Over the Top with Every Baby
LEOMINSTER -- If you had a baby at one of the region’s three largest hospitals in the last year, chances are the tiny, knit hat given to your newborn was made by Sandra Cook.
Though unsure of the exact number of hats she has produced in the last year, Cook puts her best guess at about 1,000.
“I’d already made hats for all of my family. I made them for my church fair. I was running out of people,” she said.
Cook has been knitting her entire life, but since recently retiring from a nearly 30-year career as a school secretary in Leominster, she’s had more time to commit to her hobby. Considering it only takes her about an hour to churn out a new baby-sized hat, she’s been very productive in the last year.
“I just went into the hospital one day and saw there was a need and that this would be something nice. People can come home and have something for their baby,” said Cook. “When they’re born, they normally get a hospital issued hat, which is very generic.”
Cook’s hats are all hand-knitted and usually fitting a theme, depending on the time of year. Babies born in October get hats in the shape of pumpkins or candy corn. The most recent crop of newborns have been getting snowman caps or ones made with holiday colors.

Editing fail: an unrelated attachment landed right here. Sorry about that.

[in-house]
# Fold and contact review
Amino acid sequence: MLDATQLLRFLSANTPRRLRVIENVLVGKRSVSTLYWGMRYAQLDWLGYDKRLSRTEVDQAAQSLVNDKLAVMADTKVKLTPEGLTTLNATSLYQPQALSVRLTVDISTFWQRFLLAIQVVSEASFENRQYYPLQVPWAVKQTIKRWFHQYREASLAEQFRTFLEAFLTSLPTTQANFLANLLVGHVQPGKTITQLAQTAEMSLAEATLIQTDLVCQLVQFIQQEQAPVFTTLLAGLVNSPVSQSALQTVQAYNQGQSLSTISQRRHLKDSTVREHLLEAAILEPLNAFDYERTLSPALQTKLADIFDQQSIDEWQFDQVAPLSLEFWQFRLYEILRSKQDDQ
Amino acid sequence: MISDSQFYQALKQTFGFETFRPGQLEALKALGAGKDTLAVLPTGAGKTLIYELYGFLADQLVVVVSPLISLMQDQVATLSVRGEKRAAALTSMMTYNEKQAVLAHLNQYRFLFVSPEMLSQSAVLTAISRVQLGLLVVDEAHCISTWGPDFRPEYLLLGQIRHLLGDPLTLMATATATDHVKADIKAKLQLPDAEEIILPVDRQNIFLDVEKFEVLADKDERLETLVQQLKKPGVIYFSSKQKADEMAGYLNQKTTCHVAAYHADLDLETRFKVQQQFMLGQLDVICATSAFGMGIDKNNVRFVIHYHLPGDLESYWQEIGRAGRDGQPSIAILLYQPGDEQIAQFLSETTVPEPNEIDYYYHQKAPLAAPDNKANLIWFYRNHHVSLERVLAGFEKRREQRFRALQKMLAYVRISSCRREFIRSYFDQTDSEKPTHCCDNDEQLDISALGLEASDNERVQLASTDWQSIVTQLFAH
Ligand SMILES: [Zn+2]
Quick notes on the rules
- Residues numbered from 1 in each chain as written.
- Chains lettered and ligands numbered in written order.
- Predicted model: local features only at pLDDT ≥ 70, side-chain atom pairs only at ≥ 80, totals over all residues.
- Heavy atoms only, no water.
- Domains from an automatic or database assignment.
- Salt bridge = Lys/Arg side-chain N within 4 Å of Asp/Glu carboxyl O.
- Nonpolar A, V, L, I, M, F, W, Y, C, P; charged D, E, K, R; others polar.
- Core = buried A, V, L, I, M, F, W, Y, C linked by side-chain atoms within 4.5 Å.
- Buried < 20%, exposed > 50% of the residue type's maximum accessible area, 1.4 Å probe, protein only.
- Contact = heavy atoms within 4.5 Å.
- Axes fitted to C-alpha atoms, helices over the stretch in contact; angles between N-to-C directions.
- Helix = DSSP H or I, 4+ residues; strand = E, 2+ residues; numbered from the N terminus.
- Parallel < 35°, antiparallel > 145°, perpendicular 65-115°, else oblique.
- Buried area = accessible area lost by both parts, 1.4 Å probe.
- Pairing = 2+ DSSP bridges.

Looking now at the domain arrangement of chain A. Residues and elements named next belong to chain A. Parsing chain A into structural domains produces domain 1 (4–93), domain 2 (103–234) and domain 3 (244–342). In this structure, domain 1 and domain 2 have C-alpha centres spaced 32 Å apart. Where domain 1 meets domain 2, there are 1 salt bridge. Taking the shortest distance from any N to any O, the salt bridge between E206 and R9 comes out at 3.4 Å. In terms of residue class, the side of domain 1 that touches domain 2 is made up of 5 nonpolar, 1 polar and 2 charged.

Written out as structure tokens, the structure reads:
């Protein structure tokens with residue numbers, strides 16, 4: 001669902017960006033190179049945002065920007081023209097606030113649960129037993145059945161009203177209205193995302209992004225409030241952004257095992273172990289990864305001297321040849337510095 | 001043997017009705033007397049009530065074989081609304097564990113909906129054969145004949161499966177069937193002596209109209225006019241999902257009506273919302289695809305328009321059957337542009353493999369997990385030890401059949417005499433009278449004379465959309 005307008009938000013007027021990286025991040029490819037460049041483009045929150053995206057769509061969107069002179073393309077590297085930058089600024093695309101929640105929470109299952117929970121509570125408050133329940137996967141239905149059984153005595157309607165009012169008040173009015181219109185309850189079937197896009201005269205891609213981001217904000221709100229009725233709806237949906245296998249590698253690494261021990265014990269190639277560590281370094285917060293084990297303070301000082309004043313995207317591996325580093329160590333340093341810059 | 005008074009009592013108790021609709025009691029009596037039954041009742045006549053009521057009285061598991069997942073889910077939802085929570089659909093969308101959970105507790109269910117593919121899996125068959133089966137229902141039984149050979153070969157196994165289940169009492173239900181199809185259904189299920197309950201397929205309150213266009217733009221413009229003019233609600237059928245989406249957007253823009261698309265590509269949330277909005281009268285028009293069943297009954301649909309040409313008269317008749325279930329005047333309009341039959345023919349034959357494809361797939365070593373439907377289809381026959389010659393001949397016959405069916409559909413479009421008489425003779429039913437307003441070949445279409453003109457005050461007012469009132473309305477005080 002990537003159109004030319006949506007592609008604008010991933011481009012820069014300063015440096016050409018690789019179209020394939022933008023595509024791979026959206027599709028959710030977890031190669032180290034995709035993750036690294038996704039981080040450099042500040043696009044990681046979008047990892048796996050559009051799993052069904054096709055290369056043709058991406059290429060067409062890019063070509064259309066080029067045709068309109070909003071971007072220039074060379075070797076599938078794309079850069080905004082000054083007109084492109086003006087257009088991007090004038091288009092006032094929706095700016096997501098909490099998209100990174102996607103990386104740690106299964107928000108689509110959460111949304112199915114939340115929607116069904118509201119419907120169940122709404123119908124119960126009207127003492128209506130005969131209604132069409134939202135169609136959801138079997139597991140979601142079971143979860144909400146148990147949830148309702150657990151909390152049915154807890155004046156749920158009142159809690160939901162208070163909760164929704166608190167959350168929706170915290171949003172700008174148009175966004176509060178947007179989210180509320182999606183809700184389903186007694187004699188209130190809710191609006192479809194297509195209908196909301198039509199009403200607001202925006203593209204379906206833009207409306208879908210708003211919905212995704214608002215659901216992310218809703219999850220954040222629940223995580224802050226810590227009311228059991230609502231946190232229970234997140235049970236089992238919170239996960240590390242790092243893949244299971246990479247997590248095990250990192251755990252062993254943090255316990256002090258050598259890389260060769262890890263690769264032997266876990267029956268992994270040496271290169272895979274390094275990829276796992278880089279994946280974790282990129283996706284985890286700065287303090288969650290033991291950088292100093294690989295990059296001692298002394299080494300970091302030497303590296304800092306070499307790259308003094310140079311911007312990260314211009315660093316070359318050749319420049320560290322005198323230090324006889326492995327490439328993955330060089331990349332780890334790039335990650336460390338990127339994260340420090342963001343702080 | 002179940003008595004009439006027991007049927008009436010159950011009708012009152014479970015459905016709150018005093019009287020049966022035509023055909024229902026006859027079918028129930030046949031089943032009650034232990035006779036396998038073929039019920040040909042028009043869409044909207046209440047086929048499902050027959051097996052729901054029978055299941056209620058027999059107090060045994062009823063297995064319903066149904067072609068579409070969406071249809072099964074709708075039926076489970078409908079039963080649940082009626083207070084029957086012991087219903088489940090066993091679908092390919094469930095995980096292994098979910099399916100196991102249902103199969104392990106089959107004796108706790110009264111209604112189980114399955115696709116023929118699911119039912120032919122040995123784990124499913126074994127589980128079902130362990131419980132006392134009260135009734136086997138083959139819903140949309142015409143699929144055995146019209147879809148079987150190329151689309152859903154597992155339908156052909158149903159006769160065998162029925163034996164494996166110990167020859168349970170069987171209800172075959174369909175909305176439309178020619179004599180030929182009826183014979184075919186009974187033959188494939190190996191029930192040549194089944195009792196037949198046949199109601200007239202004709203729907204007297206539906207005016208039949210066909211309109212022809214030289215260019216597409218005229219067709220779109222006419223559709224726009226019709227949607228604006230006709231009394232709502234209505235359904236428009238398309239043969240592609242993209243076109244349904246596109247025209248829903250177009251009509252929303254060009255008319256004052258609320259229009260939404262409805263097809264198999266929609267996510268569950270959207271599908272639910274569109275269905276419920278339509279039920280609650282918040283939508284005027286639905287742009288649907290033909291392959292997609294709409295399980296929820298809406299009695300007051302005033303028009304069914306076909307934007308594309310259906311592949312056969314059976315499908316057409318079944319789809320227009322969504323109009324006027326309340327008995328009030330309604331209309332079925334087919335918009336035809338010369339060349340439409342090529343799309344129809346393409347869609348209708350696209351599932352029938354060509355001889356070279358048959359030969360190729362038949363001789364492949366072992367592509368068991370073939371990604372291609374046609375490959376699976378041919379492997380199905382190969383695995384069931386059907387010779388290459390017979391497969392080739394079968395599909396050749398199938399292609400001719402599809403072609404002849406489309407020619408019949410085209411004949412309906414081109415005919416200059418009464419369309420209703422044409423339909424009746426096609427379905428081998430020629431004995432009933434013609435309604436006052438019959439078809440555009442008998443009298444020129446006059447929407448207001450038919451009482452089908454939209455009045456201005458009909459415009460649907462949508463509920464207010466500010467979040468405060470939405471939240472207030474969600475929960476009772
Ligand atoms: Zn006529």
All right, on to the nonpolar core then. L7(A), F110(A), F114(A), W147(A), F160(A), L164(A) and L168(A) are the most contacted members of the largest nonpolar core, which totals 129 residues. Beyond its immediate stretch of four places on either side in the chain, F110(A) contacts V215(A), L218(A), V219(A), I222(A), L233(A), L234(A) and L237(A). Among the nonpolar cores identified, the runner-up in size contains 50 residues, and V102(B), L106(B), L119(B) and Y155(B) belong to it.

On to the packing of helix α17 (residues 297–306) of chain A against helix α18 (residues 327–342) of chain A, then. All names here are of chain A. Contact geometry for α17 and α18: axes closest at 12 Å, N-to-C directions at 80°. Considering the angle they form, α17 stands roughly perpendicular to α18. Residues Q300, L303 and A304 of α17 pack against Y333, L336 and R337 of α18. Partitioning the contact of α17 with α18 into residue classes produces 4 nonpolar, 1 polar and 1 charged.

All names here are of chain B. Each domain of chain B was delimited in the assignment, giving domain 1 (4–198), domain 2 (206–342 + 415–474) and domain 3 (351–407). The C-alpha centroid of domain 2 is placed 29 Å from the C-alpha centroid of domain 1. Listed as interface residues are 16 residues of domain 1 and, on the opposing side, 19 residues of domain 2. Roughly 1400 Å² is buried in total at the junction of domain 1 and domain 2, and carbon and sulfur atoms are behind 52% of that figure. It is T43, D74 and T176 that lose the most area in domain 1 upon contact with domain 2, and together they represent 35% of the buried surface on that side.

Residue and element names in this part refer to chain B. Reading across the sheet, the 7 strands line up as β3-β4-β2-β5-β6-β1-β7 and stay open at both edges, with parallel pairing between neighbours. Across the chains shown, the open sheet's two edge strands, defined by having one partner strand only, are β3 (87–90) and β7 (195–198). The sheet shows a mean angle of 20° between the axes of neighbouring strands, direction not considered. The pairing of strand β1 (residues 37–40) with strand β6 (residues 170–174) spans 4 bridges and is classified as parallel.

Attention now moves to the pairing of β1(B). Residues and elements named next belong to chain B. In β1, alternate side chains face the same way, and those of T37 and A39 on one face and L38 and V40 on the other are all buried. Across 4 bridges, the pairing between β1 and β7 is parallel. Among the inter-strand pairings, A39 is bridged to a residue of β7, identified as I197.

In case you were wondering, making each cap requires about 86 feet of yarn. If you were to unravel every hat Cook has made in the last year, you would have a length of yarn that stretches 16 miles.
She tries to make each hat as unique as possible, but admits that it’s gotten harder after passing the 1,000 mark.
“I’m sure some of them are repeated,” she said. “How many different hats can you make?”
The maternity ward of UMass Memorial HealthAlliance-Clinston Hospital in Leominster, UMass Memorial Medical Center in Worcester, and Emerson Hospital in Concord are all on Cook’s delivery list, and with each hospital averaging 20 to 30 births a day, she does her best to make sure no head goes uncovered.
Gone are the days of the maternity ward observation window, meaning Cook has yet to see a room full of babies wearing her hats, but parents have sent her photos.
“Once in a while, I get to see them, but I’m sure if they’re all in the nursery with their little hats on, they must look pretty cute,” she said. “When I’m in the grocery store, if I see a little infant in a carrier, I always look to see if they’re wearing one of my hats. It hasn’t happened yet, but I keep looking.”
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